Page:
There empirical temperature is derived from the zeroth law, i.e. transitivity of equilibrium. This allows one to define equivalence classes of equilibrium states with are labeled by empirical temperature theta. Heat flow is already a topic beyond equilibrium thermodynamics. As remarked before, it can also be from cold to hot if other driving forces dominate (e.g. chemical potential differences). The exception is the reversible heat exchange between closed systems. Absolute temperature T can be shown to be an integrating factor of the reversible heat exchanged between closed systems (which yields entropy), which is only a function of empirical temperature T= T(theta). The sign of temperature difference is then by definition linked to the direction of reversible heat exchange.

DrClaude
dextercioby said:
TL;DR Summary: What is the physical interpretation of temperature of a mass of liquid or a solid?

Usually, the mental image of temperature is: an internal property of a bulk of matter, which typically describes the average kinetic plus rotation/vibration energy of molecules, so we imagine a gas in which temperature is a measure of how quick molecules are, and how frequently they collide one to another. The higher the temperature, the more energy of molecules.

Let's switch to a liquid at room temperature (water) or a crystalline solid (a bar of pure iron). How would you define their temperature? Would it for example be a measure of the average energy of the "electron gas" in the conduction band? What about liquid water, which lacks a rigid crystalline structure, being just a scattter of molecules kept together with vdW forces and "hydrogen bonds"?
I'll be honest. As a condensed matter physicist who worked at cryogenic temperatures, to me, temperature is what a thermocouple measures. But let me see if I can say a few things you might find helpful.

In crystalline solids, temperature modifies the Fermi-Dirac distribution for the electrons and the Bose-Einstein distribution of the phonons. Magnetism is a thing, but it's not my jam. Both electrons and phonons are travelling waves, so they have kinetic energy. The change in distribution let me know electrons and phonons move up to higher states.

Is it just the conduction electrons? The slope of the band determines the velocity of the wave. The core electrons will not overlap much at all, so those bands are essentially flat, and flat bands will not have a velocity. They are much like core electrons in atoms. The conduction and valence electrons will have non-zero slopes, so they will have kinetic energy.

Now here's where I start getting confused. It's not that all electron bands of higher energy have greater slopes (it is true in the free electron model, though), so I can imagine a pathological example where the electrons are in an s-like conduction band, which is highly dispersive (high slope), and transition to d-like valence bands of lesser slope. The kinetic energy would go down, and also the temperature, with an input of energy to the system. I have never heard of that. Is there some principle or symmetry at work that ensures this doesn't happen? I don't know. Maybe I need to think about changing internal energy with entropy.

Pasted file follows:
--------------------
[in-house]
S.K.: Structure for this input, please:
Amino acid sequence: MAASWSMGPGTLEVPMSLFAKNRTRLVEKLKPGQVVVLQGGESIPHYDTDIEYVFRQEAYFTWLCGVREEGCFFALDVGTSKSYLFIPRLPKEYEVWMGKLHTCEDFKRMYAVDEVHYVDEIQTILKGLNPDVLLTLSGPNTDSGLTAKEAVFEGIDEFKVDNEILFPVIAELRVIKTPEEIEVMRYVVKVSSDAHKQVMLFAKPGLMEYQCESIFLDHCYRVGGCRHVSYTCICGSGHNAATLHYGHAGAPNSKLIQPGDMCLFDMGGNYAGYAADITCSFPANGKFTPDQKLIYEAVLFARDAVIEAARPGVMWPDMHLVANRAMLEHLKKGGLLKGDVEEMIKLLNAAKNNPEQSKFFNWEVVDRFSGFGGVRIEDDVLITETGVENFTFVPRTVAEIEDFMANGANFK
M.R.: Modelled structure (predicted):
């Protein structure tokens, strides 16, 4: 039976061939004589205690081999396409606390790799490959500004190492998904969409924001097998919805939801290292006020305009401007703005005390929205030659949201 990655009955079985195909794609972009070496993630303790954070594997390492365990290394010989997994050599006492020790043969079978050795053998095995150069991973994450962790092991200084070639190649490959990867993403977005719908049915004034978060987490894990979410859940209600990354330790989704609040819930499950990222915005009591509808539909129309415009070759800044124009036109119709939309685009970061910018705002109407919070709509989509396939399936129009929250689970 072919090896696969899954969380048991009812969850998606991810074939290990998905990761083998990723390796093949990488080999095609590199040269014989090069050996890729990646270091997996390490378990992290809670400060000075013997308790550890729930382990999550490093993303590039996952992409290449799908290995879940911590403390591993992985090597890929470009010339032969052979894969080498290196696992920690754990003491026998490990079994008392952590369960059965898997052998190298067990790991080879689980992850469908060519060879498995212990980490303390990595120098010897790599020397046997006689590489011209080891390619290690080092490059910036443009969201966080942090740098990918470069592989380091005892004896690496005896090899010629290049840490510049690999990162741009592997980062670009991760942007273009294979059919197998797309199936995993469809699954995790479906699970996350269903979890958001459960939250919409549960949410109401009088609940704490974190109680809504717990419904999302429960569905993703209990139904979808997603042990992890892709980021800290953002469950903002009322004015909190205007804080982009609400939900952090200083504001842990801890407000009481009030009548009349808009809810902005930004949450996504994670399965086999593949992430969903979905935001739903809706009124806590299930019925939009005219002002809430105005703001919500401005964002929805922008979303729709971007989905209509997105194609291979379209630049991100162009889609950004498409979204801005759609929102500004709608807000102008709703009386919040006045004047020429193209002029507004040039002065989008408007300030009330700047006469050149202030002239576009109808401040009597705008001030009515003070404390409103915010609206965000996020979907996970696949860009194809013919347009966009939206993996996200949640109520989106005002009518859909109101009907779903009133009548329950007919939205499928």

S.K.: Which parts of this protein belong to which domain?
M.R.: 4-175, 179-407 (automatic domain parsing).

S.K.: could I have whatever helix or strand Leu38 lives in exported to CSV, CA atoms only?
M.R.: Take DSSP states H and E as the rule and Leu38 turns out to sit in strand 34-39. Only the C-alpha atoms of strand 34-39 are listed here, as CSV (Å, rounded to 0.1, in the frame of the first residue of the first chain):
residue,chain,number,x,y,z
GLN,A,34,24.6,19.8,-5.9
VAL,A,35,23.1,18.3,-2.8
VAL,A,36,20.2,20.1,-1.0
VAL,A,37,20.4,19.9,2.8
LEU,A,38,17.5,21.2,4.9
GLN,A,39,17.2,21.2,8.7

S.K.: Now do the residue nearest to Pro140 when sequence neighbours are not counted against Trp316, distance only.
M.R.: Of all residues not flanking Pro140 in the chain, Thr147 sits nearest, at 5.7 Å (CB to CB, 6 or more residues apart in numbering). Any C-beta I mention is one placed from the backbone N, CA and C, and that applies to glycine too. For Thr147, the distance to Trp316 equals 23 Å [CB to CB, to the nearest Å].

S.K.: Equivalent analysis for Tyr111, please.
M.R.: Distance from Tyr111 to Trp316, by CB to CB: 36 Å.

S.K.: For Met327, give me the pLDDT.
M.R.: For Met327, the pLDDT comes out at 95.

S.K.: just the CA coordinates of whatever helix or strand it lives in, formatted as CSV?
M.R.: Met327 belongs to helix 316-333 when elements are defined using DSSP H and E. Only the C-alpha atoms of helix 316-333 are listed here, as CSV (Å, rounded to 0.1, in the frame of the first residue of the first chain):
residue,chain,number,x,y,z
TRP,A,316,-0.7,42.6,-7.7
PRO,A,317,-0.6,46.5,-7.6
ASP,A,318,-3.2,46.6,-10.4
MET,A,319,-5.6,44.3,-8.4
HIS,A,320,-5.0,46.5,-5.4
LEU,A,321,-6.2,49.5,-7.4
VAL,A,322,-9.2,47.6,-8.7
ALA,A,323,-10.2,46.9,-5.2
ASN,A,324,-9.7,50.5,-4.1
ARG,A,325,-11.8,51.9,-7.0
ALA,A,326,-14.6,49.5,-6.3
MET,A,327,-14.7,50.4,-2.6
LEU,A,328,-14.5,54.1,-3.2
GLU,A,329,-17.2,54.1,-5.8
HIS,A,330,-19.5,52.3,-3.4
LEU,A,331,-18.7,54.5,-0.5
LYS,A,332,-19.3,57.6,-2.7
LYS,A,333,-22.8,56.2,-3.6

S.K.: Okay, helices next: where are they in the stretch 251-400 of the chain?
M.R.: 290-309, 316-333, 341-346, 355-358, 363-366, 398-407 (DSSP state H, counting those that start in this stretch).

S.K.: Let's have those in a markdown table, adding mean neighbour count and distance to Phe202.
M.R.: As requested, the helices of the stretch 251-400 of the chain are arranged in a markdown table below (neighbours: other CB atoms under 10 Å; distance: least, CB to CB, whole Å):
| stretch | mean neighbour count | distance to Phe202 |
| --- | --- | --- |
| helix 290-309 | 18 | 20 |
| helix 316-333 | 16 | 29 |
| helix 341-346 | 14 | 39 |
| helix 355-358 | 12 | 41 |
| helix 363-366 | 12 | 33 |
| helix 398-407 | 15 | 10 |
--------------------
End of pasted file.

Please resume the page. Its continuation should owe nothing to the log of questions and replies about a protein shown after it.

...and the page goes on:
That's it for my rough interpretation.

If we were to do a calculation, on the other hand, we would use the well-known thermodynamic and statistical relations. This would be the realm of computer calculations.

As for liquids, in my view, temperature is a measure of the average kinetic energy of the particles. Any quantum mechanical goings-on would act in a similar manner to the classical degrees of freedom we learn about and act like energy sinks that increase heat capacity (recall 1/2 kT).

Dr_Nate said:
I'll be honest. As a condensed matter physicist who worked at cryogenic temperatures, to me, temperature is what a thermocouple measures. But let me see if I can say a few things you might find helpful.
Thermocouples measure a voltage, which gives information about the temperature difference between the junction (tip of it, where you want to know the temperature), and the reference temperature of the apparatus/voltmeter. Only then, this voltage is translated into a temperature. This is alright, unless you want to measure cryogenics temperatures (near absolute zero, or even with liquid He below 1.5 K). The reason is that the Seebeck coefficient of materials drop to 0 near absolute zero. So the voltage reading will drop to zero. This is no good for accuracy. Other kinds of thermometers are better suited.

dextercioby